Port of Grays Harbor

Grays Harbor to Increase Rail Capacity on Washington’s Coast

February 2011 - Port of Grays Harbor Commissioners authorized an $11 million rail construction project to Rognlin’s, Inc. Combined with the recently completed first phase rail project, the Port of Grays Harbor is adding more than 36,000 feet of rail capacity in the marine complex to accommodate growing automobile and grain export volumes.
Train at T2.

Puget Sound and Pacific Railroad pulls a fully loaded train of soybean meal from the American Midwest through the loading facility at the Port of Grays Harbor Terminal 2. The Port of Grays Harbor is investing in additional rail handling capacity at their Pacific Coast marine terminal facility to accommodate the increasing rail volumes from auto, grain and liquid bulk cargo shipments.

A rural port district on Washington State’s Pacific Coast is demonstrating how their unique transportation links between American producers and growing international markets can stimulate the economy. With export shipping volumes up 85% over 2009 volumes, the Port of Grays Harbor in Aberdeen, Washington, is making strategic investments in rail and marine capacity to ensure their position in global shipping markets. On Tuesday, Commissioners awarded an $11 million contract to Rognlin’s, Inc to construct additional rail as phase two of an overall $18 million rail improvement plan to increase capacity at this deep-water shipping port.

Although forest products comprise an important part of the Port of Grays Harbor cargo mix, other products like dry agricultural products and automobiles are now the volume leaders through this Pacific Coast port. Export volumes of soybean meal and DDGs topped one million metric tons in 2010, while at the same time Grays Harbor became the west coast export hub for Chrysler automobiles, accounting for one-third of all exports through the US West Coast. The American-made products all arrive via rail to the Port’s docks.

“For Grays Harbor, rail construction mean jobs,” reports Commission President Jack Thompson. “Increasing export volumes are creating jobs on the waterfront and on the rail lines and roads delivering cargo to and from the docks. It is important that the Port continue to invest in our public infrastructure to accommodate our customers’ growth needs.”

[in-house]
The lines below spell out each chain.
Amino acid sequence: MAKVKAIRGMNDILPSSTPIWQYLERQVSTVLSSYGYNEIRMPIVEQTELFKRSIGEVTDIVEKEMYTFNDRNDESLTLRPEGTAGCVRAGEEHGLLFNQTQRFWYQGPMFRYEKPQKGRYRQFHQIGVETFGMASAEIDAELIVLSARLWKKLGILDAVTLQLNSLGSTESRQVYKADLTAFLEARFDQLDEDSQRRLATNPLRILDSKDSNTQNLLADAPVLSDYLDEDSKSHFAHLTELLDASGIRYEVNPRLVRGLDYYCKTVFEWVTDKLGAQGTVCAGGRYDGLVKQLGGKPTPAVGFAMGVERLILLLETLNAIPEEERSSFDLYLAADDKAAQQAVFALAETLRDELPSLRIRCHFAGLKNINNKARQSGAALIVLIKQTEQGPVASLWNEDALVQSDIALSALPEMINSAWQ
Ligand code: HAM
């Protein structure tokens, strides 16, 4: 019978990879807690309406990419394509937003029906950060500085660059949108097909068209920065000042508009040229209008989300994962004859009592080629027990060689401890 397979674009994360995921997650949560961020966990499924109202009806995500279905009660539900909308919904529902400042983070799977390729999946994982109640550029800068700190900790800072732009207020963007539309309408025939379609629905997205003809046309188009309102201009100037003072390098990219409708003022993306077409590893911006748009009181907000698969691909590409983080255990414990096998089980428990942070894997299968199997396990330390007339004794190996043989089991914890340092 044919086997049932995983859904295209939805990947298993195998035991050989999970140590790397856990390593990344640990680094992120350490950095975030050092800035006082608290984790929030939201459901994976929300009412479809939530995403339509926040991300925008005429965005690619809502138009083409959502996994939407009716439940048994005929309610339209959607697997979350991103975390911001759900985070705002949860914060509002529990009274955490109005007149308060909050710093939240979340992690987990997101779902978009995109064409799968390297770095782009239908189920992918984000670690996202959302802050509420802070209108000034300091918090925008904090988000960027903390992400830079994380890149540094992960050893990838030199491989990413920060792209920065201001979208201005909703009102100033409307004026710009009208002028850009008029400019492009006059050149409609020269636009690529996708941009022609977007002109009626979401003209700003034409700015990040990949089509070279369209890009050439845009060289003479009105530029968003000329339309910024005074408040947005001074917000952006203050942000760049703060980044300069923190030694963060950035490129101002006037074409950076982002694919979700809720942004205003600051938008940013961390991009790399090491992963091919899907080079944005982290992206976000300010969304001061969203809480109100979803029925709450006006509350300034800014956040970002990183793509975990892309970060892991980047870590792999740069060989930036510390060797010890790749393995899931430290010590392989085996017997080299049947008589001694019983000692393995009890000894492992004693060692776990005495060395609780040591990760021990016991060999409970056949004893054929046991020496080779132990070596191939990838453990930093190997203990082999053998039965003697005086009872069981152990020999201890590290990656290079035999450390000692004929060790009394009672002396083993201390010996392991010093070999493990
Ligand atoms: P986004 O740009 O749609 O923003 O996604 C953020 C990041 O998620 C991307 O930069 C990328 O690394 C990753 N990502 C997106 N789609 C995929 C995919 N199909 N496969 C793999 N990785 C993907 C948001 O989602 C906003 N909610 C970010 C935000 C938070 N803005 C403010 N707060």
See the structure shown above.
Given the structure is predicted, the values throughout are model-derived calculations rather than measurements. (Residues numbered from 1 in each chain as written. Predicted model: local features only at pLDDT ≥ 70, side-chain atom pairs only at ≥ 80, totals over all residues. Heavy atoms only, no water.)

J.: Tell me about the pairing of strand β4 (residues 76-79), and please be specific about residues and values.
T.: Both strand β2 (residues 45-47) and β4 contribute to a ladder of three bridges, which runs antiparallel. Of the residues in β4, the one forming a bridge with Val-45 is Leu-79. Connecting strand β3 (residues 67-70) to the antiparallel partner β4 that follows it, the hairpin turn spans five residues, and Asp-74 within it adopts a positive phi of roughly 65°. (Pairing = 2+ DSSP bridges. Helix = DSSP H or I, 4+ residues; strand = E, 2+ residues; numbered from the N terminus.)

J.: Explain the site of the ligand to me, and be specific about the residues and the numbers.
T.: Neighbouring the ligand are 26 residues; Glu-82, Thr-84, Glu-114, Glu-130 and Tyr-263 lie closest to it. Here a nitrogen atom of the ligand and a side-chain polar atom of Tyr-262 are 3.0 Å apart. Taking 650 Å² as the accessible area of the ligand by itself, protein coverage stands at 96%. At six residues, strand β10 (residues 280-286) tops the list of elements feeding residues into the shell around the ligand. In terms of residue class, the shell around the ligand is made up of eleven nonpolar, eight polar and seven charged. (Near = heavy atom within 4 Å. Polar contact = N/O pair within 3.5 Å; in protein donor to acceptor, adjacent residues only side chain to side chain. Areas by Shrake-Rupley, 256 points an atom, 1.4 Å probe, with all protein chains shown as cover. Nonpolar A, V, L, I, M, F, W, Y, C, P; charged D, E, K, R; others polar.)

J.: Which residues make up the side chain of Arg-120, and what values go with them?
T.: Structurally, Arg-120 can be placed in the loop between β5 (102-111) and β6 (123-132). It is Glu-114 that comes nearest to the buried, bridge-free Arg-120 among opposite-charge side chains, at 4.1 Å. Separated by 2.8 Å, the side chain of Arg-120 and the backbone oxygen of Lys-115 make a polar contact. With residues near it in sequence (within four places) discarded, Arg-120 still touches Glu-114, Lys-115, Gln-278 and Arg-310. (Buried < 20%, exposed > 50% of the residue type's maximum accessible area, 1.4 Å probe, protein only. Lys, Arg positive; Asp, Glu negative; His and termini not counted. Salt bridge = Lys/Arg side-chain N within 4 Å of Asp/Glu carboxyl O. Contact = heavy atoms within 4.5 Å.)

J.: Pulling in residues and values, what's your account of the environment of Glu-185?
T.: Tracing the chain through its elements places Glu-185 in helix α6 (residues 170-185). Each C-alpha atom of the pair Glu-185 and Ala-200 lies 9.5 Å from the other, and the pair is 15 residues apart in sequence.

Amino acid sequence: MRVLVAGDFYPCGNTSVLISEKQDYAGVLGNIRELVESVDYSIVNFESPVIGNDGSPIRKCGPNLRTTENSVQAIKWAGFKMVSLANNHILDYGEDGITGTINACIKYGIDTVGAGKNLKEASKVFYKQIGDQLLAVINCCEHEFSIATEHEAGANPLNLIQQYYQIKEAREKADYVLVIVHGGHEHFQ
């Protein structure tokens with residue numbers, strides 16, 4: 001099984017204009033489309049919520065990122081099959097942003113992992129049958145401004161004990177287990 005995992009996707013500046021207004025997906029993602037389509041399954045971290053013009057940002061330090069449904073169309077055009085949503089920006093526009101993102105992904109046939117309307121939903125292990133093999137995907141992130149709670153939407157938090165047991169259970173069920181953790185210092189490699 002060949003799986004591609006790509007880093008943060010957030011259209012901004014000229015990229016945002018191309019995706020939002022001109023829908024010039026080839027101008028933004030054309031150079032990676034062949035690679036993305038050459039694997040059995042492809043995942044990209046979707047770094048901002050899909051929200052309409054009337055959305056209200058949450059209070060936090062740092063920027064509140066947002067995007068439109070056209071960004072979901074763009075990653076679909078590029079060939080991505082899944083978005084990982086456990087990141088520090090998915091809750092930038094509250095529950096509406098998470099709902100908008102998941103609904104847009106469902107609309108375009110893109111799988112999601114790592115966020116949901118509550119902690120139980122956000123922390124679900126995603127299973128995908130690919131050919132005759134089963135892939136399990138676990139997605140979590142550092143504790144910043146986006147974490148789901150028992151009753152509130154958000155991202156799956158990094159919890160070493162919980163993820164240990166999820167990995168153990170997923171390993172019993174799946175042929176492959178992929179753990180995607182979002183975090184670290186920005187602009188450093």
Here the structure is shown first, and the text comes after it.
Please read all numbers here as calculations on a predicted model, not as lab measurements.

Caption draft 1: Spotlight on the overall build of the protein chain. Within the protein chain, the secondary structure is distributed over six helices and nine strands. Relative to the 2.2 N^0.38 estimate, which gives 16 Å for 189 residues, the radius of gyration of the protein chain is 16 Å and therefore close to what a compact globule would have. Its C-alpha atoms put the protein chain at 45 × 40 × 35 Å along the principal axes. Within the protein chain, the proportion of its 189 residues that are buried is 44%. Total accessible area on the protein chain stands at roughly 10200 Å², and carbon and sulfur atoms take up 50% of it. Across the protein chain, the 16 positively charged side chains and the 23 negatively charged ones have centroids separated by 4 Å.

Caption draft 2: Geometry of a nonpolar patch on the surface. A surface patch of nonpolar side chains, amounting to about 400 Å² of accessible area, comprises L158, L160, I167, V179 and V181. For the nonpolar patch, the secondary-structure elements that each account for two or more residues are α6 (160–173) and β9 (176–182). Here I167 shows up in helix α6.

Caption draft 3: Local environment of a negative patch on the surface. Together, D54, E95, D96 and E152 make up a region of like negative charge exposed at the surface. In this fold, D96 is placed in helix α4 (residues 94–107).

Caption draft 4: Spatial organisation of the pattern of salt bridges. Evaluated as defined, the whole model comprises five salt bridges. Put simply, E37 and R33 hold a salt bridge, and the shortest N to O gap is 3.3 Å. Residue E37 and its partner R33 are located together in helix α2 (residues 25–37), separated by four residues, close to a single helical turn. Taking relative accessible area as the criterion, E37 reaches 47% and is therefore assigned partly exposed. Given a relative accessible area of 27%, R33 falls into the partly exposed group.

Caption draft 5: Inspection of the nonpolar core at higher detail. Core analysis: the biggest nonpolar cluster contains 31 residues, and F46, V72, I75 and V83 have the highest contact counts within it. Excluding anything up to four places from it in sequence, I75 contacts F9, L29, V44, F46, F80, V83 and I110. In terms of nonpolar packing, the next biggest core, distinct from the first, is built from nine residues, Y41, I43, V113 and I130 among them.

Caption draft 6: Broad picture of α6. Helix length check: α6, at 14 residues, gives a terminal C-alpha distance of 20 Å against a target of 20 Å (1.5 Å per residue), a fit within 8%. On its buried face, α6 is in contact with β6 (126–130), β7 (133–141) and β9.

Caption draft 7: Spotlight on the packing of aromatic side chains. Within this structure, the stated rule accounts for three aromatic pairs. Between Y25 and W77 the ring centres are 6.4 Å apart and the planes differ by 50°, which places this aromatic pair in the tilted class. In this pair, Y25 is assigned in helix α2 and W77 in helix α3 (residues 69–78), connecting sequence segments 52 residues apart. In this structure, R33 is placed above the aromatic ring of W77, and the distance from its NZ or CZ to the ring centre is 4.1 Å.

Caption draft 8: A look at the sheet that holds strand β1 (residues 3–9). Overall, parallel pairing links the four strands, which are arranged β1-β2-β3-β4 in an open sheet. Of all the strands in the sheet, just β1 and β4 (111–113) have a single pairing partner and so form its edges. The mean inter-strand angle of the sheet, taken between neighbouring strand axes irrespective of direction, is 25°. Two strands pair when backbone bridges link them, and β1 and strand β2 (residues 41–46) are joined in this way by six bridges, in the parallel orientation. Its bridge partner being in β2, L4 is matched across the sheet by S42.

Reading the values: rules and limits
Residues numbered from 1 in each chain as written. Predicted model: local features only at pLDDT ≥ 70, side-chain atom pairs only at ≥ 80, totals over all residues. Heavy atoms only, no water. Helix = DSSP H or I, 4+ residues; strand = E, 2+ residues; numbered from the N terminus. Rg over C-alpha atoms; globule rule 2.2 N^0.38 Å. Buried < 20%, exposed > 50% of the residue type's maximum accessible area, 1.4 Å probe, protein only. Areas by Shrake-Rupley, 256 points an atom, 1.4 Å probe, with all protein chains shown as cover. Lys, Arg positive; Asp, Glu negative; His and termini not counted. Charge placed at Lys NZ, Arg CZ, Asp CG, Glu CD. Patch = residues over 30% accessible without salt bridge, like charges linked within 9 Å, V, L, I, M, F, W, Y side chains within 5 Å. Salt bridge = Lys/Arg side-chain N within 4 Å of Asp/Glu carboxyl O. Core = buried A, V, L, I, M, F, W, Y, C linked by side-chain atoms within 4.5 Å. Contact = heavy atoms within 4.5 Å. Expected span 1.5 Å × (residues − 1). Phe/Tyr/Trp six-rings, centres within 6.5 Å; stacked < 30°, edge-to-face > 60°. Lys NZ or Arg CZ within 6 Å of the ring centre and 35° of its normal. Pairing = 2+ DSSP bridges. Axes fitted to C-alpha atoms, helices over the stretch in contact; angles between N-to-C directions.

Local job creation doesn’t stop at the waterfront. With the award of the contract to the apparent low bidder, Rognlin’s Inc, the project will also create local construction jobs. Rognlin’s is headquartered in Aberdeen.

“Construction of this rail system is the single largest investment the Port has made for more than twenty years,” reflected Commissioner Chuck Caldwell. “What better time than in our 100th year as a port district to make an investment that will position our community in international markets for decades to come.”

Grays Harbor is served by the only active rail system to the coast in Oregon and Washington. A unique feature of the line is the dual access to both Union Pacific and Burlington Northern Santa Fe class one railroads. Through these connections, Grays Harbor’s shipping terminals become linked to all markets throughout North America. Operated by Puget Sound and Pacific Railroad, the Pacific Northwest Coastal Freight Corridor links AGP’s Midwest growers with their shipping facilities in Grays Harbor.

Founded in 1911, the Port of Grays Harbor is one of Washington State’s oldest port districts. The Port of Grays Harbor operates 4 deepwater marine terminals and hundreds of acres of marine industrial property. Only 1-½ vessel hours from open sea, Grays Harbor offers rail and highway access to markets throughout North America. More information and photographs are available at portofgraysharbor.com.